(Above) On board the Ōsumi in port on January 25, the last of the plastic sheet patchwork and
foam plastic moldings are removed to make the Chinooks ready for flight.
(Below) Utilizing
an amazingly showroom-condition forklift brought along to assist in such operations,
SDF personnel unload a Chinook on one of the three outlying Tongan islands
that received a total of 9.6 tons of drinking water February 14–16.

(Photos: [Top] SDF Gunma Provincial Cooperation Office via Twitter @gunma_pco;
[above] Embassy of Japan in the Kingdom of Tonga via Twitter @japanintonga)

Despite pre-departure precautions, an added hurdle was presented by 22 SDF members unfortunately having to enter quarantine in Australia after one of them had tested positive for COVID-19.

An aerial photo taken from one of the Chinooks sent to Tonga shows the docked Ōsumi and
provides a view of Nuku’alofa nearly a month after the volcanic eruption and tsunami.

(Photo [Feb. 12]: Japan Ministry of Defense Joint Staff Public Affairs via Twitter @jointstaffpa)

Now that the situation has been declared sufficiently back on an even keel, it will likely be early March before the Ōsumi makes it back to home port.

This was the 21st deployment of what is termed the Japan Disaster Relief Team, the operations of which date back to the hurricane that struck Honduras in November 1998.

A rainbow effect appears in the windscreen glass of a C-130H on approach to Fua’amotu
International Airport, in the south of the main island of Tongatapu, 20 km from the capital.

(Photo [Feb. 2]: Japan Ministry of Defense Joint Staff Public Affairs via Twitter @jointstaffpa)

Postscript Photo 1 Heading home. While the two once again cocooned Chinooks sit listlessly om
deck, the two hovercraft taken to Tonga enjoy a bit of exercise off the
Ōsumi’s stern.

(Photo [Feb. 25]: JMSDF Public Affairs Office via Twitter @JMSDF_PAO)

Postscript Photo 2 Still wearing the Japanese flag tail markings worn on overseas deployments,
the two unwrapped Chinooks transited through JGSDF Akeno upon their return to Japan.

(Photo [Mar. 6]: Taka via Twitter @Taka_Phgr)

JMSDF’s 70th Anniversary Plans

One of the latest vessels to join the JMSDF’s ranks, the Maya-class destroyer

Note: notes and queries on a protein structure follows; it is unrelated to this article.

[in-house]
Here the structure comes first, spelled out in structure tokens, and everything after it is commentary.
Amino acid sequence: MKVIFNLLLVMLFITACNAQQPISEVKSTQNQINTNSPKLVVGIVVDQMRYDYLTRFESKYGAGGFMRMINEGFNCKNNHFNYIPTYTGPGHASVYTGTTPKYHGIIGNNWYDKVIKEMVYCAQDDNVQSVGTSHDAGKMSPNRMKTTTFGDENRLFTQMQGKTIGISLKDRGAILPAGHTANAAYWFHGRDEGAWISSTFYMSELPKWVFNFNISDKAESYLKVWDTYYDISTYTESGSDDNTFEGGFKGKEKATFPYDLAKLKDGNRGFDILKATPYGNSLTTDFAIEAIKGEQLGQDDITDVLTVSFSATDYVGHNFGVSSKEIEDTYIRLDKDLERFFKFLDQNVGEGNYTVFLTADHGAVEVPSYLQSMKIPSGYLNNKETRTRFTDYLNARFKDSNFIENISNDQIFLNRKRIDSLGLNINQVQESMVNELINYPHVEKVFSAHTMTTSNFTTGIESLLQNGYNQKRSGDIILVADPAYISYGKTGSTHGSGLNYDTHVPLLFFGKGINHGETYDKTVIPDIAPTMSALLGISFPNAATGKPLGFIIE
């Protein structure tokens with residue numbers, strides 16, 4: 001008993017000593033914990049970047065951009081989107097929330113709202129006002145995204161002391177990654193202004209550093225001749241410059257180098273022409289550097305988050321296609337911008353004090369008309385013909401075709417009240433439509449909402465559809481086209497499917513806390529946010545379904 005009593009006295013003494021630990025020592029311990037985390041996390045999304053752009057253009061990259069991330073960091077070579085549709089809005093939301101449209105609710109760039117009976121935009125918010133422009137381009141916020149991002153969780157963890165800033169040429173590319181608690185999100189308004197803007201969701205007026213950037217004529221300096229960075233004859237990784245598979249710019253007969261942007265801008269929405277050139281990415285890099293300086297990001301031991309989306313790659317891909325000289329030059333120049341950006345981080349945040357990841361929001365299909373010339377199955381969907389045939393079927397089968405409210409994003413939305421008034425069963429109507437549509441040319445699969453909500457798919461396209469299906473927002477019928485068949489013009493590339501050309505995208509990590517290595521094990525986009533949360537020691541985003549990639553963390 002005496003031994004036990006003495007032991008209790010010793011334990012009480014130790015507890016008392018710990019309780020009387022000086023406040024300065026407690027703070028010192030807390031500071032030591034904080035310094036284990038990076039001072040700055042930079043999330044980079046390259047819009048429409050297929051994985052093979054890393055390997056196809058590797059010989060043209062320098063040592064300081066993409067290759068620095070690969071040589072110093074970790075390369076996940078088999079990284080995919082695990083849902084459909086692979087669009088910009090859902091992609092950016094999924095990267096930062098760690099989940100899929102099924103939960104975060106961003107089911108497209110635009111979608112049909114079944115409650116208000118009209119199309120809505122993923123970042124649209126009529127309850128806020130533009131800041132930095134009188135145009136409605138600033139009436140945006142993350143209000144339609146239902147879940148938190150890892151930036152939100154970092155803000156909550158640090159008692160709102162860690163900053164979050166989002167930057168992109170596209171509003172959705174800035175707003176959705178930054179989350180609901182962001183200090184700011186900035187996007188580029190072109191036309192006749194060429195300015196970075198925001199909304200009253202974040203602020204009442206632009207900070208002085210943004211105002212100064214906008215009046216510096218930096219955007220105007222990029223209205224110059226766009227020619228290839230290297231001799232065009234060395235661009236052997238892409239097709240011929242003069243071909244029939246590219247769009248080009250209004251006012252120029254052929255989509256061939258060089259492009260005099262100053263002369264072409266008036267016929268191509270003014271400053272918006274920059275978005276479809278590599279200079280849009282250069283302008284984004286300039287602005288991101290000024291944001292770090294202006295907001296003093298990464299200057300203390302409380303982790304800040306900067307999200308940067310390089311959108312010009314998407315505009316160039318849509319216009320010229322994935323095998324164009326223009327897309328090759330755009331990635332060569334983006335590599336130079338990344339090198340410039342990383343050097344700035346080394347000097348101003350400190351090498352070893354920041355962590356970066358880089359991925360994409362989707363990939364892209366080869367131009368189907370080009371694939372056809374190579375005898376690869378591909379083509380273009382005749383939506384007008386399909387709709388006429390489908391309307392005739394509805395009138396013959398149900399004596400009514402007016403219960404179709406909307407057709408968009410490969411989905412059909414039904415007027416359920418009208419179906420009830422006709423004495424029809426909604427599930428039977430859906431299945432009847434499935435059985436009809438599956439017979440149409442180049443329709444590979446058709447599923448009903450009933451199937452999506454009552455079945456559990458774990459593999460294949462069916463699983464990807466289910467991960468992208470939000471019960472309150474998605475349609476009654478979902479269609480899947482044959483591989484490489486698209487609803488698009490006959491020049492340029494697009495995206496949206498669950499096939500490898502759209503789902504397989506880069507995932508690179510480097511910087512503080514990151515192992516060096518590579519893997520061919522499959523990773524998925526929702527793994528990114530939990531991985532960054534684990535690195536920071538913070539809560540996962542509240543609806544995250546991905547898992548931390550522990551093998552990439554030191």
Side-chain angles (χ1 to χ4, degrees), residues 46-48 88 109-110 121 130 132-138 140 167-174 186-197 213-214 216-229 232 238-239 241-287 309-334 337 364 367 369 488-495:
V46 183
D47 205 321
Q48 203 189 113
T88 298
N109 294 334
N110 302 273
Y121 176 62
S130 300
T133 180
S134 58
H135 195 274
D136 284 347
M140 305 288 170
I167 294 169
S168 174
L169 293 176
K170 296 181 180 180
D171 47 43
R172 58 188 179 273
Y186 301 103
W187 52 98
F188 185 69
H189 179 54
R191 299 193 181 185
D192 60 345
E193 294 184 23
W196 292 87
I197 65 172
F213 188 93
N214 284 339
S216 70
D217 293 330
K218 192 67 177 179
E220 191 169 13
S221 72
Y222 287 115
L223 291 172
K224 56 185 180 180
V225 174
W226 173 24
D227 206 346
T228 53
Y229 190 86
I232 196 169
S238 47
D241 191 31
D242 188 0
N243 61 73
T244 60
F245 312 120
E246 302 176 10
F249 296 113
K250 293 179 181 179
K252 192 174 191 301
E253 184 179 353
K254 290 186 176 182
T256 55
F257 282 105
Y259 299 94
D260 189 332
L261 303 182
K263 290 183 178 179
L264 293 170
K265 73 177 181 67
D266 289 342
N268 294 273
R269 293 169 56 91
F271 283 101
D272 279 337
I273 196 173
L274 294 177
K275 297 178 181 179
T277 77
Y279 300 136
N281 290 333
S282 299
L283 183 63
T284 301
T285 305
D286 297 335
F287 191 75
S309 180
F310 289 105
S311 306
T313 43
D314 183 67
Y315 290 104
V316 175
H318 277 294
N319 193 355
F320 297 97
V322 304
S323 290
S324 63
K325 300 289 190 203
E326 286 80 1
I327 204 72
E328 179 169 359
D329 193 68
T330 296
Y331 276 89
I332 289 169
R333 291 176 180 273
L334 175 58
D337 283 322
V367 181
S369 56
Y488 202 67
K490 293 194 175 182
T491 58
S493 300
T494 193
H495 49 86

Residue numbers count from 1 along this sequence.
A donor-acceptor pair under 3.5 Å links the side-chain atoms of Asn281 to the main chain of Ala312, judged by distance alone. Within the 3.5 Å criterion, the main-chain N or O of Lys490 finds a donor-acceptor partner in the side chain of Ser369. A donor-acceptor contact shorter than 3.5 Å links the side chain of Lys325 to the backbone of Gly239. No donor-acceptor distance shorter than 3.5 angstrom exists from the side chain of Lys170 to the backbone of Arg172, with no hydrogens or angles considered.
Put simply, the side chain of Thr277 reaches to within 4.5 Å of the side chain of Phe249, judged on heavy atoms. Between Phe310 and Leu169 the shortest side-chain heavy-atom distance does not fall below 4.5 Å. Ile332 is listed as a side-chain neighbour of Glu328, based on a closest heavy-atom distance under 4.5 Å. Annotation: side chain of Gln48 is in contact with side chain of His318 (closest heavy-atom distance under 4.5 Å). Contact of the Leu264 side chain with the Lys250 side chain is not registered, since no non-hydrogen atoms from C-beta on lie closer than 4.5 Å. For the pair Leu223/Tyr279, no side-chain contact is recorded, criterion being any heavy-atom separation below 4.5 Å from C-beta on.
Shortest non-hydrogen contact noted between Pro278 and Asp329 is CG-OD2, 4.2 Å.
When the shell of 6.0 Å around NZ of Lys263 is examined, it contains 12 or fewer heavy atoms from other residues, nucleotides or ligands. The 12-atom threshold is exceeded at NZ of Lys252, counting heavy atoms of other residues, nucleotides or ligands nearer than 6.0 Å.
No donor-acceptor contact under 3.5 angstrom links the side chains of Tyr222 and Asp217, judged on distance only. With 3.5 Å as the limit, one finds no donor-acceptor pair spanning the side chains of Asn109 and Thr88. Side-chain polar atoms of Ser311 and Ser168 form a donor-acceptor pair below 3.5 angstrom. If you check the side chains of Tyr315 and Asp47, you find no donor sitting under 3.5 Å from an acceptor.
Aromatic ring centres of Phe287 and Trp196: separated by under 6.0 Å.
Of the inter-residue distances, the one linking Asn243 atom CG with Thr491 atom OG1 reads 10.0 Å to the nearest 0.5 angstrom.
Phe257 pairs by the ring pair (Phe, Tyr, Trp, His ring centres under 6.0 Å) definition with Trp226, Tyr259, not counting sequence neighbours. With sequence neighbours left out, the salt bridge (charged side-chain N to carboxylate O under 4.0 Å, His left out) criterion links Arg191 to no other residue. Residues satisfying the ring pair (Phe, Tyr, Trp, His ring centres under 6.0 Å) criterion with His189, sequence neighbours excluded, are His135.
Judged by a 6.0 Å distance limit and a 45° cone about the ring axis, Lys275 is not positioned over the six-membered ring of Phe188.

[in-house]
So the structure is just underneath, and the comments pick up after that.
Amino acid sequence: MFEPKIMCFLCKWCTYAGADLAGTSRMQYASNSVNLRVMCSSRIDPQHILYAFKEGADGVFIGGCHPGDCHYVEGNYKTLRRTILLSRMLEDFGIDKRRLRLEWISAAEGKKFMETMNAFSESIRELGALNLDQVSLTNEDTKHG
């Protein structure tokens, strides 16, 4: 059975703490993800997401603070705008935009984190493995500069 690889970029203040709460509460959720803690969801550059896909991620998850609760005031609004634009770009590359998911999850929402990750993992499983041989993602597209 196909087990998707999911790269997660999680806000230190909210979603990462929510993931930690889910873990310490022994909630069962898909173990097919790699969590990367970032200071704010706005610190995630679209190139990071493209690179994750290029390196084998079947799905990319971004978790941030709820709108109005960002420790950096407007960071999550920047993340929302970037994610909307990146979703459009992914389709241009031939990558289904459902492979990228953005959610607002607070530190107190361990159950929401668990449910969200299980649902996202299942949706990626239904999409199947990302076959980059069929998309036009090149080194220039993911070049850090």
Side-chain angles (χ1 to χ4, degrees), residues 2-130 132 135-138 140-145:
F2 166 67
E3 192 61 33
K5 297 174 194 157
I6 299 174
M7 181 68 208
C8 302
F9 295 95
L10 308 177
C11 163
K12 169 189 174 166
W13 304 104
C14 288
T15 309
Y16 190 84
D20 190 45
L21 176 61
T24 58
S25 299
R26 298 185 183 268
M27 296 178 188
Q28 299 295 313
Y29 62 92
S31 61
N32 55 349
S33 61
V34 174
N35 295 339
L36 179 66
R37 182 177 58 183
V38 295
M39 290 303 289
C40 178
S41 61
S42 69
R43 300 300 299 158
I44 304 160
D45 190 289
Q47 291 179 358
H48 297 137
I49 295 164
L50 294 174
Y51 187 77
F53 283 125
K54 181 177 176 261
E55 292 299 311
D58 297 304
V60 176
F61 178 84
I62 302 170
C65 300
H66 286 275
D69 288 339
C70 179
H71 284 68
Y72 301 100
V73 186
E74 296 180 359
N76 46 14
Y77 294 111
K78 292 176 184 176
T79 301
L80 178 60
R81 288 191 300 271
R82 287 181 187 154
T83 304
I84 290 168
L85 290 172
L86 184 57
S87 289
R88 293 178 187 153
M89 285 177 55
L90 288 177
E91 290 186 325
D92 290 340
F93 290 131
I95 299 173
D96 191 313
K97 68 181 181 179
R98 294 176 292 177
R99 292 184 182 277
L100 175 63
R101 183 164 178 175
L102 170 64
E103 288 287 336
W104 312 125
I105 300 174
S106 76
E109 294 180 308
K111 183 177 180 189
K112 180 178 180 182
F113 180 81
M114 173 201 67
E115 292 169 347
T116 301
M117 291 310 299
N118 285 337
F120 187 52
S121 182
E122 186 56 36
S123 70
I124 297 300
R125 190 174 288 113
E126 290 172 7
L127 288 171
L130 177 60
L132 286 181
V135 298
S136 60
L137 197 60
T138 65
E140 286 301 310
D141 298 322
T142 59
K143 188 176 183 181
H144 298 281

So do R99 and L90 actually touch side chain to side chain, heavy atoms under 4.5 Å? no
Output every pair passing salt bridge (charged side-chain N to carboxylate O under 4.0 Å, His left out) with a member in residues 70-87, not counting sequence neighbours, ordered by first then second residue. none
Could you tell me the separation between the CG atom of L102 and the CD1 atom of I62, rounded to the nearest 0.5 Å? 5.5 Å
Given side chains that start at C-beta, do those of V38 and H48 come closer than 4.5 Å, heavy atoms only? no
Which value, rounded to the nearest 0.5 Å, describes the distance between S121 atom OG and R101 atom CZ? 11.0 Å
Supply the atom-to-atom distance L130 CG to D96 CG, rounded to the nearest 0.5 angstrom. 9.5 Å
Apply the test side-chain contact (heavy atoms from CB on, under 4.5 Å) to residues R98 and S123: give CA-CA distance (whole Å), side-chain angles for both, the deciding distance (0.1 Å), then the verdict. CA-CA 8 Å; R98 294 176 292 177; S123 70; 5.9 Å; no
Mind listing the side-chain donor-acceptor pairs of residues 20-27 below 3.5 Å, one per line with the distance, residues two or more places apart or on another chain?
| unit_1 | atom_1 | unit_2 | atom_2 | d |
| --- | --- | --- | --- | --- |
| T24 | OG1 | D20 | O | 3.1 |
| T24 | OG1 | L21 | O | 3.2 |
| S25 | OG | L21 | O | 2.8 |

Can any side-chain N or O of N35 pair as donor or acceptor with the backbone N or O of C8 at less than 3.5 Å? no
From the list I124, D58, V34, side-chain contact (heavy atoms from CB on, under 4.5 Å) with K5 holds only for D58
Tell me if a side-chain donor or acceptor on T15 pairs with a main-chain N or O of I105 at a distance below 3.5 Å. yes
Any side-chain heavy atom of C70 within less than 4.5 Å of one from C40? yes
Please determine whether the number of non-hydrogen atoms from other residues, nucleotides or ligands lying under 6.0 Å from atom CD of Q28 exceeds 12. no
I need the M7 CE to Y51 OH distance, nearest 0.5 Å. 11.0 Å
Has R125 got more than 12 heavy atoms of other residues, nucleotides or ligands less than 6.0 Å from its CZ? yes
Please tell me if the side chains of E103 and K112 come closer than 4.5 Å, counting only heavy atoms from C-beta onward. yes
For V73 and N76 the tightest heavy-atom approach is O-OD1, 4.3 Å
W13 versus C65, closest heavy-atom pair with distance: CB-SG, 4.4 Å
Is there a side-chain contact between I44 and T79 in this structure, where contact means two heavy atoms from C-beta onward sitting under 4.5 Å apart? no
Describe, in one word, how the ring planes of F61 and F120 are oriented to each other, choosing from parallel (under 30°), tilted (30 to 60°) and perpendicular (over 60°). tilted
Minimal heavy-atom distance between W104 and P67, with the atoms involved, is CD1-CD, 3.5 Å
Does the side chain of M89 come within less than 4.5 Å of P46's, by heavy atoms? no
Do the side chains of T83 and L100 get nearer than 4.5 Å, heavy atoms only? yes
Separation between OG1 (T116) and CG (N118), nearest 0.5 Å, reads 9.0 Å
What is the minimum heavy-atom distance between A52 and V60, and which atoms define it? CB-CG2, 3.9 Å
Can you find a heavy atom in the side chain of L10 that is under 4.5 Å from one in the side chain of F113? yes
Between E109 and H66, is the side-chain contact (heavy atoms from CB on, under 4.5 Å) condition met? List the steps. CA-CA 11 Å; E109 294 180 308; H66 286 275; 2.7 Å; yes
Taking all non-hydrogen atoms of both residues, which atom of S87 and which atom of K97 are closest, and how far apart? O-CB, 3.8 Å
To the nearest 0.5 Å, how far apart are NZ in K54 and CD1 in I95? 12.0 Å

Haguro was commissioned in March 2021.
(Photo: JMSDF Kagoshima Provincial Cooperation Office via Twitter @kagoshima_pco)

(February 7, 2022) Taking the date of its formation as being August 1952, when its predecessor the Maritime Guard came into existence, the JMSDF will this year be marking its Platinum Jubilee.

The service intends to make a big splash by holding in November Japan’s first international fleet review in 20 years. In October 2002, 41 vessels from 11 countries gathered in Tokyo Bay, and ships were moored for visits at Harumi (Tokyo), Kisarazu, Yokohama and Yokosuka. The event was even marked by the release of a commemorative postage stamp.

(Image: JMSDF)

Having already released its official 70th anniversary logo (above), the JMSDF is calling for designs for a review logo to be submitted by the general public. It can be expected that these logos will be appearing on some JMSDF aircraft in due course.

(Photo: JMSDF Yokosuka Regional Headquarters via Twitter @jmsdf_yrh)

Two-Week Search for Two Missing Pilots

(Photo [location unknown, posted Feb. 6, 2022]: JMSDF Public Affairs Office
via Twitter @JMSDF_PAO)

(February 2022) On the evening of January 31, reports came in that an F-15DJ belonging to the Tactical Fighter Training Group had disappeared off radar screens soon after takeoff from its Komatsu base. The aircraft was the last of a formation of four that had departed, despite weather conditions having been less than ideal, on a routine training mission.

The website of the local newspaper, The Hokkoku Shimbun, contained reports from eyewitnesses. One had thought that the red glow and the column of smoke rising from the surface of the sea had been caused by a tanker explosion, another had thought the cause was possibly even a wayward North Korean missile test.

The incident occurred at around 17:30, and some tiger-striped floating debris had already been retrieved from the sea at 19:10 by a Komatsu ARS UH-60J crew. In conjunction with the Japan Coast Guard, a full-scale search for the two pilots was continued on February 1, with a JMSDF UP-3D and the helicopter carrier Hyūga being brought in to assist.

Given permission by the next of kin, the Japan Ministry of Defense announced the names of the pilots as being those of the Group CO Col. Kōji Tanaka (52) and Capt. Ryūsei Ueta (33). After graduating from the National Defense Academy in 1990, Tanaka had gone on to fly with the 303rd and 305th TFSs before, with the rank of lieutenant colonel, leading the Blue Impulse team from 2011 to 2014. Via other posts, which had included time at the Air Staff Office, he had been appointed CO of the Tactical Fighter Training Group in June 2021. His total flight time was 2,850 hours, and Capt. Ueta had amassed 1,900 hours. 

As the Tactical Fighter Training Group (Aggressor) unit was formed 40 years ago, this month’s clutch of aviation magazines all contain full-length feature articles that include pilot interviews. A pall will now have been cast over the anniversary celebrations that had been officially marked just two weeks before, on December 18.

The first involving an Aggressor F-15DJ, this is the first accident involving the two-seat version of the F-15J in 28 years. On October 6, 1993, both Chitose-based crew members were rescued after ejecting from their 202nd Sqn aircraft, which had suffered a fuel system problem 20 km south of Tomakomai, Hokkaido Prefecture.